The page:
Photodynamic therapy: Photodynamic therapy (PTD) can clear problematic skin concerns like acne, acne scars, broken capillaries, warts, rosacea, wrinkles, sun damage, and enlarged pores. How? By activating a topical liquid or creamy drug with a special red or blue light, spurring a chemical reaction that destroys damaged skin, promotes collagen growth, and shrinks oil glands by destroying pore-dwelling bacteria. Photodynamic therapy includes blue light and red light therapy, which are effective treatments for acne.

Vein, Spot and Hair Removal

Colored marks and hair follicles can be targeted by lasers, removing blemishes and hair alike.

Laser hair removal: Zap! Your hair's gone. Sounds like a dream, and indeed, laser hair removal can be a very effective method of semi-permanent hair removal. Lasers deliver intense heat to individual hair follicles, damaging, and in some cases eliminating, the ability of hair to grow back.

The best choice of type of laser hair removal depends primarily on your skin tone. The darker the skin tone, the more likely it is to absorb laser energy, because laser energy tends to be attracted to colored molecules. Hence, it's important to treat darker skin tones with lasers with longer wavelengths. The longer the wavelength, the deeper the laser energy travels into the skin - bypassing the vulnerable surface skin. Shorter wavelength lasers are typically used for fairer skin. (Read more about your skin tone type.)

Lasers commonly used for hair removal are the diode laser, alexandrite and Nd:Yag. (Lasers are usually named after the type of material that the beam is focused through, which affects the wavelength of its light.) IPL treatment, while not technically a laser (because it combines multiple wavelengths of light, while lasers have only one wavelength) is also an effective hair removal treatment.

IPL treatment: Intense pulsed light (IPL) is a popular variety of non-laser, light-based treatment. It is one of the few treatments that reliably reduces the appearance of rosacea, broken blood vessels, and skin redness. There are many brand names for IPL, but they all do pretty much the same thing - shoot pulsed (that is, not a continuous beam) light at the skin to heat the underlying tissues.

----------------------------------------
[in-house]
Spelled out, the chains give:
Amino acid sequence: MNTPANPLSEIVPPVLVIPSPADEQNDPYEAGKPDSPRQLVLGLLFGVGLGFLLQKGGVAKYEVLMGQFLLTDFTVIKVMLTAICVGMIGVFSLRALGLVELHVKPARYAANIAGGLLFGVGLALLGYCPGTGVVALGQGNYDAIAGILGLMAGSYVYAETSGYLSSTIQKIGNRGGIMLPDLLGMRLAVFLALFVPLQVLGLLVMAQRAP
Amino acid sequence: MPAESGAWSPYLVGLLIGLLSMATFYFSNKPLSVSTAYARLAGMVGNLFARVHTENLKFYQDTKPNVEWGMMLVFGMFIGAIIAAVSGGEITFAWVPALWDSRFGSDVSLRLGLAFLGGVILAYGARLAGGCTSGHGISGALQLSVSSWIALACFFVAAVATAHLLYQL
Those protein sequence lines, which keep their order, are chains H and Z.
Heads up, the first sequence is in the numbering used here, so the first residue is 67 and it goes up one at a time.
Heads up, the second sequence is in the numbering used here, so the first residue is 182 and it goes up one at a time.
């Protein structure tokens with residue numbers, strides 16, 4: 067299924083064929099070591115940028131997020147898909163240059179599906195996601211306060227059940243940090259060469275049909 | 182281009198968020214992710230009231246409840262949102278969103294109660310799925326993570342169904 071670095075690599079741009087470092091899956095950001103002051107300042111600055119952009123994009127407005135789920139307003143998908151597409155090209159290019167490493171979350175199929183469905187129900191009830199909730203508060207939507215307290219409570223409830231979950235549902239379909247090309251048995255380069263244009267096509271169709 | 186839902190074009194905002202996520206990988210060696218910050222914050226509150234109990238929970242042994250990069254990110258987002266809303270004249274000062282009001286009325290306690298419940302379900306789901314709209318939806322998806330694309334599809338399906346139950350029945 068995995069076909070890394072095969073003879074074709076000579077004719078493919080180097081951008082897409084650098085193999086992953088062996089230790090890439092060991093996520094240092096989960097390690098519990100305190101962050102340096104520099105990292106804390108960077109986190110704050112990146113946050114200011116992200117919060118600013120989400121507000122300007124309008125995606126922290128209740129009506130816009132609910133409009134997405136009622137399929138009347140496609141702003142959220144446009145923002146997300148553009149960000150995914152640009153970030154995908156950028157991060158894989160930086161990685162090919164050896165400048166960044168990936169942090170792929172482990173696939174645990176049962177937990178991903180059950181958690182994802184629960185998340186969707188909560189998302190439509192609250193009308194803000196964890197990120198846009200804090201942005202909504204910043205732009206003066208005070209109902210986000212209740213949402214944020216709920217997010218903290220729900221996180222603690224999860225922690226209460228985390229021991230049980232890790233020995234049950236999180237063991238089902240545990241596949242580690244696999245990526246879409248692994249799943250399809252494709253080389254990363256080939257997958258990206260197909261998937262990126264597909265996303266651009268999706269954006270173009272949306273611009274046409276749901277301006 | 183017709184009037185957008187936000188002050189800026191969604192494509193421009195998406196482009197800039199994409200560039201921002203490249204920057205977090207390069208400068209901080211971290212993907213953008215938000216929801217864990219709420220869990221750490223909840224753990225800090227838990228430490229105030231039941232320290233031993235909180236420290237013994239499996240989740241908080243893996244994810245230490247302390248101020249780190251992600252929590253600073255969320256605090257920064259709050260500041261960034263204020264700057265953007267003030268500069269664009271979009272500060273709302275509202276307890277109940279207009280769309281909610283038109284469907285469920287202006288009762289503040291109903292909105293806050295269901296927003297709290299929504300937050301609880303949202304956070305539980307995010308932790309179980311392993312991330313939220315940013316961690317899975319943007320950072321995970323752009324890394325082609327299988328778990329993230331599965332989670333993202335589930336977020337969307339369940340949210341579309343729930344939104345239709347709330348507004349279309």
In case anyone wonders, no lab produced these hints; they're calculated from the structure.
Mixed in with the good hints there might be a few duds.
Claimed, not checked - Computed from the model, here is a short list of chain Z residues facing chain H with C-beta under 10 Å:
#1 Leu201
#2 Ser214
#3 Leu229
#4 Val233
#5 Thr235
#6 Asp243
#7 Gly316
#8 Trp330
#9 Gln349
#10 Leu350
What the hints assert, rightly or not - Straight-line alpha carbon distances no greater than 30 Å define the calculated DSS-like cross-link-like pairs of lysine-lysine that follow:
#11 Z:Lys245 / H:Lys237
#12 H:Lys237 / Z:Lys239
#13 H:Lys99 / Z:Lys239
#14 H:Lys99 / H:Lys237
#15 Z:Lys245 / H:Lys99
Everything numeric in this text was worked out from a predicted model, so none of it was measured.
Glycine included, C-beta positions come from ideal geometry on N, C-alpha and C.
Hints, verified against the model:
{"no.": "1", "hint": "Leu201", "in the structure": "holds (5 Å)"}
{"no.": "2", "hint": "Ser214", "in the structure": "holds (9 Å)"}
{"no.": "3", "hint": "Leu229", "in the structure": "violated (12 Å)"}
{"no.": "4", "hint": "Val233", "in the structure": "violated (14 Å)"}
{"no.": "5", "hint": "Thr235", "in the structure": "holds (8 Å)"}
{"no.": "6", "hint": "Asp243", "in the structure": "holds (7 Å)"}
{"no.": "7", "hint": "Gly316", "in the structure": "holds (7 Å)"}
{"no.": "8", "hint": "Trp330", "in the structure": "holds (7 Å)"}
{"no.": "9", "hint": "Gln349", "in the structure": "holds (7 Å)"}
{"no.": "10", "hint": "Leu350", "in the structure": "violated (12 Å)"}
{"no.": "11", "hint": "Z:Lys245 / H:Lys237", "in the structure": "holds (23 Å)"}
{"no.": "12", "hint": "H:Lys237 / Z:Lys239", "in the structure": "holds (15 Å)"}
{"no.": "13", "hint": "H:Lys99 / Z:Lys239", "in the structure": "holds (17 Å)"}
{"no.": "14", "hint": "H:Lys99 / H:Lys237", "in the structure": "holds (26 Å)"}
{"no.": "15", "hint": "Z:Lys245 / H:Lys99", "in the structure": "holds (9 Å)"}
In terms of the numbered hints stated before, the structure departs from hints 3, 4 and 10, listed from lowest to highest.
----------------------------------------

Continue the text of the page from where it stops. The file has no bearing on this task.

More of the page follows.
Unlike lasers, which by definition travel along one wavelength, IPL devices emit light at different wavelengths. Hence IPL treatments are capable of targeting cells of different colors at one time, unlike laser treatments which target only cells of one particular color. (When the colored cell absorbs the laser, it is converted into heat energy and disappears.)

Tattoo and birthmark removal: Tattoos and birthmarks are removed in much the same way -- lasers of a specific wavelength are used to target cells of a certain color. That's because different lasers are attracted to different colors. For example, some lasers are attracted to reddish hues, so they are best for targeted red discolorations, like spider veins and port wine birthmarks. Correct use of a laser means that the colored molecule will be dissolved into heat energy.

Typically, alexandrite lasers are used for greenish colors, ruby lasers for black and blue colors and Nd:Yag lasers for brownish colors. Cafe au lait spots are best treated by a q-switched Nd:YAG laser, which is typically effective on brown pigmentation. (Q-switched means that the laser is able to emit very high-powered pulses.)

Treatment of reddish vein, marks and spots (vascular lasers): The term "vascular" refers to the body's network of blood vessels. Vascular lasers target malformed blood vessels that can leave discolored marks on the skin. The lasers target the red color in blood and transmit a focused beam of light on blood vessels, heating and destroying selected vessels.

Because they target red-hued molecules, vascular lasers can be used for red-blue spider veins, red-purplish birthmarks, red ink in tattoos and other red marks. For example, port wine stains (purplish-red birthmarks like Gorbachev's) should be treated with vascular lasers.

Most vascular lasers emit a wavelength of 500 to 1064 nm, the range which is required to penetrate the reddish cells. One such laser is the pulsed dye laser (PDL), which was introduced in 1989 with a wavelength of 585 to 595 nm. Other vascular lasers/light sources, from shortest to longest wavelengths, include the intense pulsed light (500-1200 nm), the potassium titanyl phosphate (simplified as KTP) laser (532 nm), diodes (940 nm), and the Nd:YAG (simplified as neodymium-doped yttrium aluminum garnet) laser (1064 nm).